The current focus on recreation in the National Forests could also have an enduring impact on how the Forest Service perceives its job. Aggressively building on the 1987 report of the President's Commission on Americans Outdoors, the present initiative promotes the National Forests as "America's Great Outdoors. "

The strategy is unabashed entrepreneurship. The plan: enlist users of National Forest recreational opportunities as partners in doing the work that needs to be done. The benefits: the strategy saves tax money and expands the National Forest constituency. The most visible accomplishment to date: the designation of 51 National Forest Scenic Byways in 27 states totaling 2,700 miles. The private sector has pledged to pay for signs and improvements to enhance the most popular National Forest recreational activity-driving for pleasure.


The 1980s were the decade in which forest planning matured, and foresters learned a great deal about the resources in their care-and themselves. Forest plans provided interest groups with effective handles to tug on when trying to change policy direction. The Forest Service found itself besieged by battalions of experts employed by those interest groups. And the plans generated tensions between what some see as democracy gone wild and the trust-us-we-know-what's-best school of management.

Forest plans, with all their alternatives, showed that there are many ways to manage a forest and that the choices are as much political as technical.

As we enter the 1990s, the major issues are likely to revolve around the role the National Forests are to play in a regional land-use context, global environmental and economic developments, and the changing social context in which the National Forests are managed.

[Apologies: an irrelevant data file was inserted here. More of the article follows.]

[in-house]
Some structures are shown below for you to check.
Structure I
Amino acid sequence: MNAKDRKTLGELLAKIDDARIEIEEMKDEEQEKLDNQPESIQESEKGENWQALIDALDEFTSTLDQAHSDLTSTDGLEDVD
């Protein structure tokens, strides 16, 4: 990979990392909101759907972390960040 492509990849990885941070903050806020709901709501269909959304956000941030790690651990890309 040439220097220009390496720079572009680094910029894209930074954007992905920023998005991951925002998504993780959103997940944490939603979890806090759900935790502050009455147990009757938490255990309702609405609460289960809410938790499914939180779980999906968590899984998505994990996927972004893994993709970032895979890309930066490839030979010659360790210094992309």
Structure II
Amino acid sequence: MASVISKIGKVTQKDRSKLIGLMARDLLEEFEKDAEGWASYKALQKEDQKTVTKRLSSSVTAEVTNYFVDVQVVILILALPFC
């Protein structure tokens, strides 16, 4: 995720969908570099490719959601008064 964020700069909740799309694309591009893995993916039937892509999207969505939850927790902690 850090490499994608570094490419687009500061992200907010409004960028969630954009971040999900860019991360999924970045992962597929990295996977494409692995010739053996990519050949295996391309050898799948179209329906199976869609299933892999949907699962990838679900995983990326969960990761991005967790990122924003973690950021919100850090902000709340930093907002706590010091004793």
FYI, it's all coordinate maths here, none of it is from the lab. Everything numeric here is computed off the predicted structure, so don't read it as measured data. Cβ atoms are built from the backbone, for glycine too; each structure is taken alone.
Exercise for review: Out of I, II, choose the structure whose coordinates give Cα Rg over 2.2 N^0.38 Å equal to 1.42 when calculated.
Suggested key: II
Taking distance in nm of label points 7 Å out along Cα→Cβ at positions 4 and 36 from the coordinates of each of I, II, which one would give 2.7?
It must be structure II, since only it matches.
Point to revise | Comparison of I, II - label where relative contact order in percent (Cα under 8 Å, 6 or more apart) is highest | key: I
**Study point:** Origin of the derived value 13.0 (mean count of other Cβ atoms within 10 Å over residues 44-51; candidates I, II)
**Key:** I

Increasingly, the National Forests are being perceived not as self-contained units but as components of a larger land-use mosaic. Typically, in addition to National Forests, the regional mosaic includes private lands in a variety of ownerships, state lands, and other federal lands, all managed for different objectives.

Wilderness advocates are shifting their focus from the preservation of distinct, well-defined parcels to the coordinated management of large eco-systems with lands held by many owners, public and private. The challenge will be to devise management practices and patterns that blend preservation with different levels of management and development to satisfy environmental, economic, and social objectives.

The environmental effects of loss of tropical forests and the prospect of global climate change have captured the public's attention as shown by the response to the American Forestry Association's Global ReLeaf campaign. just how this might affect management of the National Forests is still a matter for conjecture. One might expect to see the public's growing interest in tree planting reflected in support for accelerated reforestation of National Forest lands, and possibly an interest in deliberate management of highly productive acres to enhance the forests' capacity to sequester carbon dioxide.